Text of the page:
“The most important factor when choosing bandmates is love,” says the Saxophones’ Alexi Erenkov. “Do you love the people you’re playing with? If so, everyone is going to be feeling relaxed and confident.” This approach is a useful one to have when your wife, Alison Alderdice, is in your band.
Whilst the Saxophones began as the solo project of Erenkov - a project that was loosely started over a decade ago but gained full momentum and dedication in recent years - he wanted to bring in some primitive drum and percussion playing and couldn’t think of anyone more suited than his wife. “I wanted to share the band with her,” he says. “Plus, I would be devastated if I had to leave for weeks at a time to tour without her.”
The songs which make up the debut album were formed and written during a period in which the pair were living on a boat during a very wet winter in the San Francisco Bay Area. “Much of the music was written over rainy mornings on acoustic guitar inside the cabin of our boat and outside of the city in a little guesthouse in Pt. Reyes,” he reflects. It was then recorded in Portland over 10 days, the recording was an intense and occasionally tense process.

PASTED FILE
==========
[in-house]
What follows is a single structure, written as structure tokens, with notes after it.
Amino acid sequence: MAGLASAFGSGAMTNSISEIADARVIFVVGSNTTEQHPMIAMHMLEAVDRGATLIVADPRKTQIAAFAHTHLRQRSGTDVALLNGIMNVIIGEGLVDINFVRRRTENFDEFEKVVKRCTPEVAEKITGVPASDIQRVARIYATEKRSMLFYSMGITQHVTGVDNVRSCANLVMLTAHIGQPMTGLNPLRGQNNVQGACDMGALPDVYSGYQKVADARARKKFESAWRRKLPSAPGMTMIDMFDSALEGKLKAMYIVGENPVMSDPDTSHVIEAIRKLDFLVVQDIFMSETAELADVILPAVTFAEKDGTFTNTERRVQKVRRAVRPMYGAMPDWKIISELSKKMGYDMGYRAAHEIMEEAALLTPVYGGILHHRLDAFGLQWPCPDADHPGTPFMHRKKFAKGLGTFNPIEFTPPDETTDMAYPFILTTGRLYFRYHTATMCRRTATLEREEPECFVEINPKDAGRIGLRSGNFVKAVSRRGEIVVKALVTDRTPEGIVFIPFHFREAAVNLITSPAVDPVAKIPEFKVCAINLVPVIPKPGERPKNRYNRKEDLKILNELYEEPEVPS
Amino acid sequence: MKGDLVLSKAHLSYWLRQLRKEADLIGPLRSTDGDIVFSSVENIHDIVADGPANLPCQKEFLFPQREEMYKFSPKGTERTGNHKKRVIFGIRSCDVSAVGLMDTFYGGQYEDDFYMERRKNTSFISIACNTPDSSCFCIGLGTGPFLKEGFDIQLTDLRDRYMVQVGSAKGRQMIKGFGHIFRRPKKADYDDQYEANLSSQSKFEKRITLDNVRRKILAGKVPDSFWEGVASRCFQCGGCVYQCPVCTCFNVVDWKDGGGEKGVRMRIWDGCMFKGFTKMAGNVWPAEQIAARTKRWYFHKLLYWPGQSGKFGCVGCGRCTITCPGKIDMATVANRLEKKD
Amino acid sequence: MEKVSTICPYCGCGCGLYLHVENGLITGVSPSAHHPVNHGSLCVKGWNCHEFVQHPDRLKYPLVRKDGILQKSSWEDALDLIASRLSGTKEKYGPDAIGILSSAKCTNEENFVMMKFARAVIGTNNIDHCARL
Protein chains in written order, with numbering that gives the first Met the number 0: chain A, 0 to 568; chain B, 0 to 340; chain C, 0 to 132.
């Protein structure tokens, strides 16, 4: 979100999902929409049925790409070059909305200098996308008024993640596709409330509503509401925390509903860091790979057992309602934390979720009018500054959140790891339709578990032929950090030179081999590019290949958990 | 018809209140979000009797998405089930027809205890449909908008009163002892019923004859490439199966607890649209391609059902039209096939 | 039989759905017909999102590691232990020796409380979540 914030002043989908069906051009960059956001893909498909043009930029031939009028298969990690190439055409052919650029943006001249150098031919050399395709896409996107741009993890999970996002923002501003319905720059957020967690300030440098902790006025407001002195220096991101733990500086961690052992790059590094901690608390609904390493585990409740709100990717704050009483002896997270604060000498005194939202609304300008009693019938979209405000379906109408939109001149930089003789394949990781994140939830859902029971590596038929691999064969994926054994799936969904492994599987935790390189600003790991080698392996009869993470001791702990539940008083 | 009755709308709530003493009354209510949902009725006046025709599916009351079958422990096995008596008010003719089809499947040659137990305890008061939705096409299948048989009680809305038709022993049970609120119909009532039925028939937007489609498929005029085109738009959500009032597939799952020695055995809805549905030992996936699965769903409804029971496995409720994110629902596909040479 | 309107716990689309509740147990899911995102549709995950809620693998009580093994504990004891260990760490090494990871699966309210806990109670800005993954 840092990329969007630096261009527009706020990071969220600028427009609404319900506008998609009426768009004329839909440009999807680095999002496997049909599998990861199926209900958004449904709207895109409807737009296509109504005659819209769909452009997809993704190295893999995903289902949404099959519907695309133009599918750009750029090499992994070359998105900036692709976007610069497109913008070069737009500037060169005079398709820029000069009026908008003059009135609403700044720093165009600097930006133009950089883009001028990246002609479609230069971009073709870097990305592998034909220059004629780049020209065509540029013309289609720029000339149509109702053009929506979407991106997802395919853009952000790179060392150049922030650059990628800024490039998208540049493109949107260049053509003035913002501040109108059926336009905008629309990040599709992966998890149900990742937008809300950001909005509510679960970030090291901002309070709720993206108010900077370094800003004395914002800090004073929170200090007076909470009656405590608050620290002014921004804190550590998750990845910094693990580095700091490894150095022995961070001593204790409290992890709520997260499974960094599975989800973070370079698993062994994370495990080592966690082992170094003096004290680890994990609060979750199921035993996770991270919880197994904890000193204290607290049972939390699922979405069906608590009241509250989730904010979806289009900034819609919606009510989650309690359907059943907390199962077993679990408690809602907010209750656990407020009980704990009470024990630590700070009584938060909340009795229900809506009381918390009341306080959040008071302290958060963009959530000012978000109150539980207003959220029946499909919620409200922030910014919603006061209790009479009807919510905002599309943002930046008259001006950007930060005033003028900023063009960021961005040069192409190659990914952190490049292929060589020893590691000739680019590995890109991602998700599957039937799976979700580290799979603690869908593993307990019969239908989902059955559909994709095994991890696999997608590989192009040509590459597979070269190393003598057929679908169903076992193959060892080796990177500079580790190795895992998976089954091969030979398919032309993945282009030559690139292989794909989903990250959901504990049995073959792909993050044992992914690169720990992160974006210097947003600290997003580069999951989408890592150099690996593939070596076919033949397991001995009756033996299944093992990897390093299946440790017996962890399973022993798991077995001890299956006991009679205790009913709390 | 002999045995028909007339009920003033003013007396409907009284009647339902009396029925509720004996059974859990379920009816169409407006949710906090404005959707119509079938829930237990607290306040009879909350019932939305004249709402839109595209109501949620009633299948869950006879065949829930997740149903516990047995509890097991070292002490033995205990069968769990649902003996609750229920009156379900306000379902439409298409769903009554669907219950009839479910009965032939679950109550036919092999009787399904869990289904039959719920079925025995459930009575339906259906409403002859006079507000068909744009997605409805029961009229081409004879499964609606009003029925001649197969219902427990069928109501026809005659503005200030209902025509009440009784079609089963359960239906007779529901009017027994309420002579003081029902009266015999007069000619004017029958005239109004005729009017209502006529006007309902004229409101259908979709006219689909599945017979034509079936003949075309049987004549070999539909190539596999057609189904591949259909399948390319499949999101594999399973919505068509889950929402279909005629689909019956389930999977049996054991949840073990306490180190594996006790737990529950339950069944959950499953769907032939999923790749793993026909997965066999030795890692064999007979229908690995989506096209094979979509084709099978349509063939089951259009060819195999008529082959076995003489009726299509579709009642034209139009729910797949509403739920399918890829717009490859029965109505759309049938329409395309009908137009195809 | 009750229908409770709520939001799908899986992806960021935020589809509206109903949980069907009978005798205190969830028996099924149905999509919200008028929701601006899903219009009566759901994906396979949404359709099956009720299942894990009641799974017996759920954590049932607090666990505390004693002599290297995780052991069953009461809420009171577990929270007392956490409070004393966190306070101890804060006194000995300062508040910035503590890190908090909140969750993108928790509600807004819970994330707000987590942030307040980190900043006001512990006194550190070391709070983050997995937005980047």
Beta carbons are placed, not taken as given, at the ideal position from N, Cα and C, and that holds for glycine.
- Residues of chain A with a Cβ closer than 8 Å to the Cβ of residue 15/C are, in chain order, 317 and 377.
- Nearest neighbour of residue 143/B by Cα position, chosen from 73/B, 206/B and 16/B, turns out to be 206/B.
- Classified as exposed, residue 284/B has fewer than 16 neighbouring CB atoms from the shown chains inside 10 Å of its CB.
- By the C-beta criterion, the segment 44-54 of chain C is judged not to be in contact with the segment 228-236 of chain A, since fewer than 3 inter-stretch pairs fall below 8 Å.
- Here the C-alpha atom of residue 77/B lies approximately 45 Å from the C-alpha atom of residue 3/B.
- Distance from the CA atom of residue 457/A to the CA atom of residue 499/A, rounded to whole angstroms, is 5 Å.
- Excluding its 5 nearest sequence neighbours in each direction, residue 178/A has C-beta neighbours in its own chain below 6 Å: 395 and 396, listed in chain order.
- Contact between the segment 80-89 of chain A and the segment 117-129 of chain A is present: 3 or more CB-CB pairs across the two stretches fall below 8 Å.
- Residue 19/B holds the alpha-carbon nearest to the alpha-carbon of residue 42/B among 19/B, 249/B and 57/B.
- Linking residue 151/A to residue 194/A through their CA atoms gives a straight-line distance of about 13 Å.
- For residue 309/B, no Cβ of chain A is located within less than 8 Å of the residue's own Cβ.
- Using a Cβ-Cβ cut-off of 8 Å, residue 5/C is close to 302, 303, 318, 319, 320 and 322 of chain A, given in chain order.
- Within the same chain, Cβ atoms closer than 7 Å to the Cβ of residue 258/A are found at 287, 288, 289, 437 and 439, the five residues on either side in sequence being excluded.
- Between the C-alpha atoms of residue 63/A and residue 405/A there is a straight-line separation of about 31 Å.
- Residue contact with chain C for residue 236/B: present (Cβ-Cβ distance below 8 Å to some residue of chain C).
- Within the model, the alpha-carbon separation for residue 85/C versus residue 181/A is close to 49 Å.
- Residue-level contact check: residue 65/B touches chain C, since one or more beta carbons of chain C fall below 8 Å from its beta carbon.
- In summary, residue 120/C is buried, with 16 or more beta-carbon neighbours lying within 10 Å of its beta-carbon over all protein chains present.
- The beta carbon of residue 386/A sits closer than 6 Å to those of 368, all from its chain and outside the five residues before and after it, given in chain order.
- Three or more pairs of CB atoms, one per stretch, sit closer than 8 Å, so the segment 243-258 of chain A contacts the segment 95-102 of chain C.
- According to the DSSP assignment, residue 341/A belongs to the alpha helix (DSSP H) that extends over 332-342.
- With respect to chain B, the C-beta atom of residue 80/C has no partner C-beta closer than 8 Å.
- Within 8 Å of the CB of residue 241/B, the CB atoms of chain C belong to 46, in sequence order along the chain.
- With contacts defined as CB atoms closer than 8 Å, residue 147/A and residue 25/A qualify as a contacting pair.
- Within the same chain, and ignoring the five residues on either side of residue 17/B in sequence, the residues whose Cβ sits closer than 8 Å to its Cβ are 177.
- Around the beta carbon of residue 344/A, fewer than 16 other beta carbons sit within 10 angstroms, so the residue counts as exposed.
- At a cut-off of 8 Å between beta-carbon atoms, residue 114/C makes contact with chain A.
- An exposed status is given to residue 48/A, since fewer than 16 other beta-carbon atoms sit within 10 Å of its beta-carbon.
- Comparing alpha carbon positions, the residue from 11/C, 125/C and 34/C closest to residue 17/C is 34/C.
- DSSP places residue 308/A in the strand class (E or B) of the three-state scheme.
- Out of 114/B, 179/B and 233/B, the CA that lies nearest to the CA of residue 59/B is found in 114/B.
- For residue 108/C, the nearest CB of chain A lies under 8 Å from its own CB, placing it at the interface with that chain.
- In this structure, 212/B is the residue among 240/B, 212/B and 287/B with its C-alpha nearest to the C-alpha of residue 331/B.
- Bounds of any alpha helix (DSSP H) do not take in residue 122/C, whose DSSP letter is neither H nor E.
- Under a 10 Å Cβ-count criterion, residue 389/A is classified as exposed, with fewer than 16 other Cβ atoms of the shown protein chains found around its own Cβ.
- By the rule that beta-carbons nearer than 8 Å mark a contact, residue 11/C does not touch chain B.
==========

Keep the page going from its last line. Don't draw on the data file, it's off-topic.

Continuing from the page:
Taking inspiration from 1950s exotica and Hawaiian albums (Edhen Abhez, Buddy Fo, and Martin Denny), 1970s outsider Italian songwriter Vittorio Impiglia, and a host of third-stream and West coast jazz records, the result is a unique offering.